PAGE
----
Yes, there are assholes who just don’t care, but they’re massively outnumbered by the people who do. And because of that, I had billions of people on my side. Pretty cool, eh?
Another example of fresh modern fantasy is The Dungeoneers. More in the humor category of fantasy with a little taste to Terry Pratchet and a very ingenious way to crawl dungeons. Enjoyed it a lot as well.
One of my favorite authors of all times is Patrick O’Brian author of my beloved Aubrey and Maturin Series. I don’t know how but I found time to squeeze in a re-read of the first book of the series Master and Commander. This was the 6th time I read that book. Awesome book :)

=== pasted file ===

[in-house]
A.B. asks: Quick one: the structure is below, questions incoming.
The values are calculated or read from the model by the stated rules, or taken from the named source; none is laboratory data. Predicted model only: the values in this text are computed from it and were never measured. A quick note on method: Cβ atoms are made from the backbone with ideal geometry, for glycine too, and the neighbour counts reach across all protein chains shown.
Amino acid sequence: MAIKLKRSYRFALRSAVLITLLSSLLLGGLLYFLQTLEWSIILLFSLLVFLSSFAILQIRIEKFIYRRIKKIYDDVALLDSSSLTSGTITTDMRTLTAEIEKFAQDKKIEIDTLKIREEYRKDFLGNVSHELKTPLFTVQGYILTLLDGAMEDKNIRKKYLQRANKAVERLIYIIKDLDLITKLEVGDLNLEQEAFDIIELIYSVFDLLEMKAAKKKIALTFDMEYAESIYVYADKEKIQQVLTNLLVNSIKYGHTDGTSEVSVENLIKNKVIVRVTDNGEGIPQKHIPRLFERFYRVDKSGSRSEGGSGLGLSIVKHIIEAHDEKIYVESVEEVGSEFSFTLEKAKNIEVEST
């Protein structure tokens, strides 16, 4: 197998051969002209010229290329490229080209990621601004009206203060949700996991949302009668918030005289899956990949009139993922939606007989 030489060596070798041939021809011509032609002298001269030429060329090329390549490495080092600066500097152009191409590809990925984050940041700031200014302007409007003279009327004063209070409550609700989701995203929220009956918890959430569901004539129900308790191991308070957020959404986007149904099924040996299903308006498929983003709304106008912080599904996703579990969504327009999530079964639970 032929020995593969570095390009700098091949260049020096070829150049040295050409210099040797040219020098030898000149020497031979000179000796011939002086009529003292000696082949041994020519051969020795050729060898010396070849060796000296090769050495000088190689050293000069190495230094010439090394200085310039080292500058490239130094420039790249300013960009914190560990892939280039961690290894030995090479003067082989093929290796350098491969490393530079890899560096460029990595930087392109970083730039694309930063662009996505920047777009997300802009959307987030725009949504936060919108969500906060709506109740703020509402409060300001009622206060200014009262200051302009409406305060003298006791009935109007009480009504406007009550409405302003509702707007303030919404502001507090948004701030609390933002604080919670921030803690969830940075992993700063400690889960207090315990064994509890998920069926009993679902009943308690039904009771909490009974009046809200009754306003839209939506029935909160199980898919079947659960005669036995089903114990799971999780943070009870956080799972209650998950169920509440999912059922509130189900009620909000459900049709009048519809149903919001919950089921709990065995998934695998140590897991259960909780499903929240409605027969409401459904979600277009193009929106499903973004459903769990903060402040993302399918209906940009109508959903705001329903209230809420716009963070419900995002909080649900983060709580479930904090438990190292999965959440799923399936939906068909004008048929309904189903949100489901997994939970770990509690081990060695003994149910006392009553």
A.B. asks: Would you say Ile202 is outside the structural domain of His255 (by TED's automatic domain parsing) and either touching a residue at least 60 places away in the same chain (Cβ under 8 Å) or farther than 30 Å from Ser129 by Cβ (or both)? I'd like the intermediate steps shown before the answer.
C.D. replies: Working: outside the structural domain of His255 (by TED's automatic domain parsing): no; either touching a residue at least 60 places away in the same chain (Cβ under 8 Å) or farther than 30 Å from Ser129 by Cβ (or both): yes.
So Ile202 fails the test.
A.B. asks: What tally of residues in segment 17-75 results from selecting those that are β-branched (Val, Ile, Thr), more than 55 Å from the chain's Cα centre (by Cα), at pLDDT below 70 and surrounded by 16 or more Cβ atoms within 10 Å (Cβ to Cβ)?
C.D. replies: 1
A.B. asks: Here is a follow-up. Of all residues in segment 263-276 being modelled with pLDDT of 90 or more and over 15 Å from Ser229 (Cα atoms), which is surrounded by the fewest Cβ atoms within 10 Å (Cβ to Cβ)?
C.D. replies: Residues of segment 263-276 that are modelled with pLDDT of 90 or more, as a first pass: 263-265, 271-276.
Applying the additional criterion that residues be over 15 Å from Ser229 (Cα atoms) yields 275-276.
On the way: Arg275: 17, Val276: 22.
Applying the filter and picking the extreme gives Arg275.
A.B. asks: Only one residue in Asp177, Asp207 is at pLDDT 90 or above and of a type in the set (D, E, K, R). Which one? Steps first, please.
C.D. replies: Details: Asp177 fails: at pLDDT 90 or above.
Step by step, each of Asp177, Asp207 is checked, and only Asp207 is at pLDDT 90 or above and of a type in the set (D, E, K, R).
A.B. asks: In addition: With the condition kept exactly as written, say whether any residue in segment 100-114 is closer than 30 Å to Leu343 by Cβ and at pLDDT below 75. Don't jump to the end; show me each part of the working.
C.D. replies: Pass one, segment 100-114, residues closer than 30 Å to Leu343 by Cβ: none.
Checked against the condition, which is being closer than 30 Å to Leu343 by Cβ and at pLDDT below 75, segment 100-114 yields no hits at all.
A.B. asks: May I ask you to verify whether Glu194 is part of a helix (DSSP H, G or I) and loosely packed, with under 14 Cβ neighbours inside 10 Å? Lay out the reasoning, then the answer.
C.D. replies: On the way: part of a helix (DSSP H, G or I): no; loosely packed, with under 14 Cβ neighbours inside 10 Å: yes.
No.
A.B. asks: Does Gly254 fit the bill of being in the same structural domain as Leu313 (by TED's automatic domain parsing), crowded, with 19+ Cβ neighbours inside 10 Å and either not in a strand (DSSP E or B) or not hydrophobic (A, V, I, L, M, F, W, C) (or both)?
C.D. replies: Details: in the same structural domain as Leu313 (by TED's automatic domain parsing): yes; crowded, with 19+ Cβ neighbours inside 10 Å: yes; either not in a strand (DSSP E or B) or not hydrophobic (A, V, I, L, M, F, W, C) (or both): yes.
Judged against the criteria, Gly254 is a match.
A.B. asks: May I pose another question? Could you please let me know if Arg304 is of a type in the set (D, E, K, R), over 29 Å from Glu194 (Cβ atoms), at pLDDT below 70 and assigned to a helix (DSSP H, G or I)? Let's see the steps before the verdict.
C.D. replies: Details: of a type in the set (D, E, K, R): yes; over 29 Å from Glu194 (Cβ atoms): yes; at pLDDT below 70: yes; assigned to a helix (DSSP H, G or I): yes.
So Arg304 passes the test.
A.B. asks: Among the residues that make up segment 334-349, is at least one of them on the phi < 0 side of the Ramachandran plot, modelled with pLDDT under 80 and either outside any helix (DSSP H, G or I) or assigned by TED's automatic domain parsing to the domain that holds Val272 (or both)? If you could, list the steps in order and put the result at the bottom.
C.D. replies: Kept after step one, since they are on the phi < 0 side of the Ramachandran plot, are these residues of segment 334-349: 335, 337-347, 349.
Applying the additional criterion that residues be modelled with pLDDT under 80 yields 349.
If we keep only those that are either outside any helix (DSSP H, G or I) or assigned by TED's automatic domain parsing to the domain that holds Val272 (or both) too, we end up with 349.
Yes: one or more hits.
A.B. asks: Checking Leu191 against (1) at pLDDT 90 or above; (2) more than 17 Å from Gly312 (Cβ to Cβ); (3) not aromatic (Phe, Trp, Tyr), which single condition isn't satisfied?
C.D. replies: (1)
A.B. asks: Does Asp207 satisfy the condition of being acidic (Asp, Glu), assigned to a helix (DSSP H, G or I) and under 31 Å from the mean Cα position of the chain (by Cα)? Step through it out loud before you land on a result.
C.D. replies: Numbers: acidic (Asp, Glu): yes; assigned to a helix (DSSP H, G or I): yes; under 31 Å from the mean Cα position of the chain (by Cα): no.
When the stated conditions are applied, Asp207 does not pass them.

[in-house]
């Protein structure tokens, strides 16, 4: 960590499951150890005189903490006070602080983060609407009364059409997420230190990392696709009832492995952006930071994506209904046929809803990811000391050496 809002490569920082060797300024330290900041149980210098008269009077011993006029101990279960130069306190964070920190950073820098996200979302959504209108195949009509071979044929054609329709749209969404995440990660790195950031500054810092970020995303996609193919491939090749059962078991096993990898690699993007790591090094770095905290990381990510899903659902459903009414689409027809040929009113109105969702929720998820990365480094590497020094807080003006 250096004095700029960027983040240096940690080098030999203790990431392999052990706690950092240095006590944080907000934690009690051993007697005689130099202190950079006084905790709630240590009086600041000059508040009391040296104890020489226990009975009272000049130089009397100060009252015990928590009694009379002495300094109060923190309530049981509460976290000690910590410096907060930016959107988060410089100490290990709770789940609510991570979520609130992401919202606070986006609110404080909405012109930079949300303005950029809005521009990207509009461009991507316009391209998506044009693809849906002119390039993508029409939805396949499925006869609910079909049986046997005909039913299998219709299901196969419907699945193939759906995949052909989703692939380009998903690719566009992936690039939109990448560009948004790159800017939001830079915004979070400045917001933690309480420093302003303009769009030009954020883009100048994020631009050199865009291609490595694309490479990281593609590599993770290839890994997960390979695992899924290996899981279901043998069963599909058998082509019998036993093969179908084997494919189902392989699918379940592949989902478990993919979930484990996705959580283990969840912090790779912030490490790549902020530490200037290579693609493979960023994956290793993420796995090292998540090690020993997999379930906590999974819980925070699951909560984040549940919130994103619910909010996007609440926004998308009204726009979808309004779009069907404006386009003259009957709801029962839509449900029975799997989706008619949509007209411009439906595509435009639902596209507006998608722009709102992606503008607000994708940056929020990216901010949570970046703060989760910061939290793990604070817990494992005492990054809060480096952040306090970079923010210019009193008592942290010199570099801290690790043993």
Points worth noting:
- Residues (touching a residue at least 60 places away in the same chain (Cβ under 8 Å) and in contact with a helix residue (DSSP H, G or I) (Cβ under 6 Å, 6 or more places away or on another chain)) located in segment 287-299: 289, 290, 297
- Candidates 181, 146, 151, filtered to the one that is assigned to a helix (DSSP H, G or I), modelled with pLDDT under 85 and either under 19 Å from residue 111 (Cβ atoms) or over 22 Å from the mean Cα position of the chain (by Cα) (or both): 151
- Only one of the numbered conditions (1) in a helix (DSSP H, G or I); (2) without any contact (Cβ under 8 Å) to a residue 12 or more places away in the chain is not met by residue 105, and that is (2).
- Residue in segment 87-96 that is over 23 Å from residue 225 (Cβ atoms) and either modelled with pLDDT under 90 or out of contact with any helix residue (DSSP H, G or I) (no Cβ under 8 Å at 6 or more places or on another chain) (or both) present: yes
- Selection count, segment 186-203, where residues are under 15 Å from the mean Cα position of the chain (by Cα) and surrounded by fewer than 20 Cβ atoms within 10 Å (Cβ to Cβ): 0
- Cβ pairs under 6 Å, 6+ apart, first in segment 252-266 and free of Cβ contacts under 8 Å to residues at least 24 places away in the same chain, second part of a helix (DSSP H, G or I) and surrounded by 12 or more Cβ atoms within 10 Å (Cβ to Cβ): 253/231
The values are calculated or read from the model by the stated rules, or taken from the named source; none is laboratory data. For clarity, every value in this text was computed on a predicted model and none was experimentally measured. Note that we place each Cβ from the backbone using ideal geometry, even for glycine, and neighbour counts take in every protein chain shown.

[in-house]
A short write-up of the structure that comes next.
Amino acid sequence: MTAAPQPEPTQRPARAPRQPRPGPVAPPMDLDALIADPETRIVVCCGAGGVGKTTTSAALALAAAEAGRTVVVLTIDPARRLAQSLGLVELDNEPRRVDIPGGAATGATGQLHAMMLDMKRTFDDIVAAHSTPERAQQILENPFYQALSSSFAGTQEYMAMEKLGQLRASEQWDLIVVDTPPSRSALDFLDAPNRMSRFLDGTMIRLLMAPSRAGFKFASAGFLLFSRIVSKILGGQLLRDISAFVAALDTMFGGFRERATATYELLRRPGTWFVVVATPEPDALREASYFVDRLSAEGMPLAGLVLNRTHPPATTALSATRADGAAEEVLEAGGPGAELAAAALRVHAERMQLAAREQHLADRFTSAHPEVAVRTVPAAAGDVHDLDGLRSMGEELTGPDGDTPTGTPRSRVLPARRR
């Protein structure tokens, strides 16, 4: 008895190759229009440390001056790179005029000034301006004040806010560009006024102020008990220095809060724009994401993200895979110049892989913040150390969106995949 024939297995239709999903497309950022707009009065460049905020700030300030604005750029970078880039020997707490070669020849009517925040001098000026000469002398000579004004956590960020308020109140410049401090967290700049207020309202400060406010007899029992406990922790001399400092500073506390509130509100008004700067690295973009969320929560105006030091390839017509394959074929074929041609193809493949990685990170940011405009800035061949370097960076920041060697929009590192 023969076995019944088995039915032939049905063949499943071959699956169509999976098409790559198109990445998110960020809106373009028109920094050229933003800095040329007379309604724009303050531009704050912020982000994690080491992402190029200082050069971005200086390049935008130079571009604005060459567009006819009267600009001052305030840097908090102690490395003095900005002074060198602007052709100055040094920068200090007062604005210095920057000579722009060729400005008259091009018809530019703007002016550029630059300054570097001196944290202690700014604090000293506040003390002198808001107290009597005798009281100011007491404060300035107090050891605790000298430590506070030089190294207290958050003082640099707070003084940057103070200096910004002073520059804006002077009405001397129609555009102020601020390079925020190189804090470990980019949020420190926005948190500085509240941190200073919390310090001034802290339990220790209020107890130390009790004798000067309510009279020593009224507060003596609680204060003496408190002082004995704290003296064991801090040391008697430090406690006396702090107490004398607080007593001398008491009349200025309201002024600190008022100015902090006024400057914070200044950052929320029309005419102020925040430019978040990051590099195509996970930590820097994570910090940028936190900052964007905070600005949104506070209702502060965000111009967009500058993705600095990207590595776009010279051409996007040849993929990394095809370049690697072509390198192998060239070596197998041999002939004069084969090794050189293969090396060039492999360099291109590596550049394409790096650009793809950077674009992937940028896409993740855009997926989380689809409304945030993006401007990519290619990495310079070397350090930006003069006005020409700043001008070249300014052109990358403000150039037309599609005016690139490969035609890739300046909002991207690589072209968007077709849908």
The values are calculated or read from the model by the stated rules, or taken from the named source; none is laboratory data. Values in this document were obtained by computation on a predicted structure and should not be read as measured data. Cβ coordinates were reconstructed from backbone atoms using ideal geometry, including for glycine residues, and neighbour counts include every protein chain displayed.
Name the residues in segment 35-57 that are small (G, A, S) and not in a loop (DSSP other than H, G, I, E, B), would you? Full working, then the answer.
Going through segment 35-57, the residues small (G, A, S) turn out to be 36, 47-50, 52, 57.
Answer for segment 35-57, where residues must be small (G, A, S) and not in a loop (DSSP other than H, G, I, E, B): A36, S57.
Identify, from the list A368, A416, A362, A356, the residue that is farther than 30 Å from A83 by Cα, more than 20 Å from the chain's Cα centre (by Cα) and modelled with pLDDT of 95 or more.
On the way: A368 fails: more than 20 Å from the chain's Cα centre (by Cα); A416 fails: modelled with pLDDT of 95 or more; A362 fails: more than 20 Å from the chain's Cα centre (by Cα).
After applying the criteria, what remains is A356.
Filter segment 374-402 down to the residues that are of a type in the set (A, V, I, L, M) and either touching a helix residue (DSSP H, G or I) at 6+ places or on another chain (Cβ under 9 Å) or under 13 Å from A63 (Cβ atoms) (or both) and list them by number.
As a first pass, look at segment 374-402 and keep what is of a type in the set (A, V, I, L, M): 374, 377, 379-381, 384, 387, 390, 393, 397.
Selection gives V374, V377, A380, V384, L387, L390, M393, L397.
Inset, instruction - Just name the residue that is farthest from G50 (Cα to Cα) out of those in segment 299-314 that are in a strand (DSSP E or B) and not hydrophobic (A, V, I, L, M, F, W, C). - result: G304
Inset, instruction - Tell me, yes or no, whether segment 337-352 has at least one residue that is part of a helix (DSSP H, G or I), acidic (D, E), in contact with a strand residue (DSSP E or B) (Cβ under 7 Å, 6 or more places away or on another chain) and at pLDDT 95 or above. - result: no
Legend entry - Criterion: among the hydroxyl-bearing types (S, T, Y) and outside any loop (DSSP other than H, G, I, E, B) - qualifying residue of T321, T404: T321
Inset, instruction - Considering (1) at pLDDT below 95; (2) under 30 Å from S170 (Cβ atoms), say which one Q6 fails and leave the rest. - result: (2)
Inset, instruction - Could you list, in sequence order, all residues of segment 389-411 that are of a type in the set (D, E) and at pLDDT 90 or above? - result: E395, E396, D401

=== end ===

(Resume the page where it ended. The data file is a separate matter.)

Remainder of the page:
1800s. Britain’s Nelson leads Navy against Napoleon’s France.
Captain Jack Aubrey, newly promoted to old, slow HMS Sophie, is a brave and gifted seaman, his thirst for adventure and victory immense. Aided by friend and skilled ship surgeon Stephen Maturin, Aubrey and crew win clashes, finally hopelessly outmatched by a mighty Spanish frigate.
And that ended up being a pretty long post indeed. I really need to write these book reviews as I go reading books and not leave everything for the end of the year. Have a great day! :)
Written by Jaime González García , dad, husband, software engineer, ux designer, amateur pixel artist, tinkerer and master of the arcane arts. You can also find him on Twitter jabbering about random stuff.